The God of Silence

“He says, ‘Be still and know that I am God…’” (Psalm 46:10, NIV).

I have often longed to hear the voice of God, if for no other reason than to confirm what I already know – that he is real, that he is present, and that he cares for me.  Perhaps his voice is deafened by my troubled heart and busy mind.  How I long to hear God’s words of affirmation and encouragement, even challenge and correction if need be – just a word or two.  Yet, I wait, feeling alone and distant from a God who remains silent.

I empathize with God’s chosen people of the Bible.  From the final words of the Old Testament to the arrival of John the Baptist, God refrained from speaking to the nation of Israel.  This four-hundred-year period of God’s silent treatment toward the Jewish people resulted from their neglect of God and his commands.  I, too, sometimes wonder if I have done something deserving of God’s silence.

But then, I’m reminded that the God I serve is the God of Elijah, who also sought to converse with God.  In 1 Kings Chapter 19, we read, “The Lord said, ‘Go out and stand on the mountain in the presence of the Lord, for the Lord is about to pass by.’  Then a great and powerful wind tore the mountains apart and shattered the rocks before the Lord, but the Lord was not in the wind.  After the wind there was an earthquake, but the Lord was not in the earthquake.  After the earthquake came a fire, but the Lord was not in the fire.  And after the fire came a gentle whisper” (1 Kings 19:11-12, NIV).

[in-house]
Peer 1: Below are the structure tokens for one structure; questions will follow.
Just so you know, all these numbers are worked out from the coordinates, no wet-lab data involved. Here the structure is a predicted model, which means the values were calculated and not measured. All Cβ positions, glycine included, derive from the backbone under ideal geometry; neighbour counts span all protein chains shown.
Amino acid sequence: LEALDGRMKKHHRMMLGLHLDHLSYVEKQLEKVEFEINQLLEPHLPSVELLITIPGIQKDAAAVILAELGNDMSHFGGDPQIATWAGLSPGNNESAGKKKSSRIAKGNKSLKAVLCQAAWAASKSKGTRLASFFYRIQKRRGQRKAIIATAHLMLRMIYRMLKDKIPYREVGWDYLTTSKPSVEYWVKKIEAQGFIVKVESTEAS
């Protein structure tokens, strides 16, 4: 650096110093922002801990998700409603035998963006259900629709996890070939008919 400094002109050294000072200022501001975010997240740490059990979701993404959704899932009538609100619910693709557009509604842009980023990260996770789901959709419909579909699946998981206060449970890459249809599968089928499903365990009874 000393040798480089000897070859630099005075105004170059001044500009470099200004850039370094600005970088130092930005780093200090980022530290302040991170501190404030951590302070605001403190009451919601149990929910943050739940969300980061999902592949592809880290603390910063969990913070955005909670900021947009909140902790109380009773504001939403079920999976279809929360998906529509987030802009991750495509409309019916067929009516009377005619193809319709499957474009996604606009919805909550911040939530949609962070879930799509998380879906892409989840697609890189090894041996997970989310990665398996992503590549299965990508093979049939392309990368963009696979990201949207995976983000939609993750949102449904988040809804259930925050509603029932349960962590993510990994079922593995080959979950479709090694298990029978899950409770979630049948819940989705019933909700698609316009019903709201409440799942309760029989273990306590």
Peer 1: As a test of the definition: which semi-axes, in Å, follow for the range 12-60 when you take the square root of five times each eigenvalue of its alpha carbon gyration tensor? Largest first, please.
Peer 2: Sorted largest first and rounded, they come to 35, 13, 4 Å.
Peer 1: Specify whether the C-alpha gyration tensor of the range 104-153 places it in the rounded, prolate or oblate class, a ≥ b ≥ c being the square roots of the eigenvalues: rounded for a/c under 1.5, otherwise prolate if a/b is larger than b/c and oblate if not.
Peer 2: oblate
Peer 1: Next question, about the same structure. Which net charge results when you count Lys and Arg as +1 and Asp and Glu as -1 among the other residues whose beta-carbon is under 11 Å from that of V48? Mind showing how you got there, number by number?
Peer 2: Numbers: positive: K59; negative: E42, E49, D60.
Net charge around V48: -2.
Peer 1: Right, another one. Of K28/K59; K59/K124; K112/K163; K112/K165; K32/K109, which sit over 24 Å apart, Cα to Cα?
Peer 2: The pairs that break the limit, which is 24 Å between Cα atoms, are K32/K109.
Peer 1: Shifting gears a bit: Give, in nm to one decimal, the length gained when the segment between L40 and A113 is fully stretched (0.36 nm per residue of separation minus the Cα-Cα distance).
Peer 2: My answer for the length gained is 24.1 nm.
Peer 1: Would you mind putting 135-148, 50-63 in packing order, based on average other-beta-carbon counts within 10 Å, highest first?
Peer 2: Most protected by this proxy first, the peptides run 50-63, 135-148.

Our God is the God of the gentle whisper, and while we might expect him to speak by force and with power, God is often heard within the silent moments of life.  God appeared to Elijah, not in the howling wind, nor in the mighty earthquake, not even in the quenching fire, but in the gentle whisper.

Don’t misunderstand – God can speak however he desires, but often uses his still, small voice to communicate with us, his children.  Maybe that’s why the Psalmist teaches us to “‘Be still and know…’” (Psalm 46:10, NIV), because God is understood best when we still our hearts. 

I would challenge you today, just as I challenge myself, to find some quiet, contemplative time to get away with God.  Find some margin in your hectic schedule and simply bask in his goodness.  Pray and meditate on God’s kindness to you.  Perhaps each of us  will hear what God truly wants to say.

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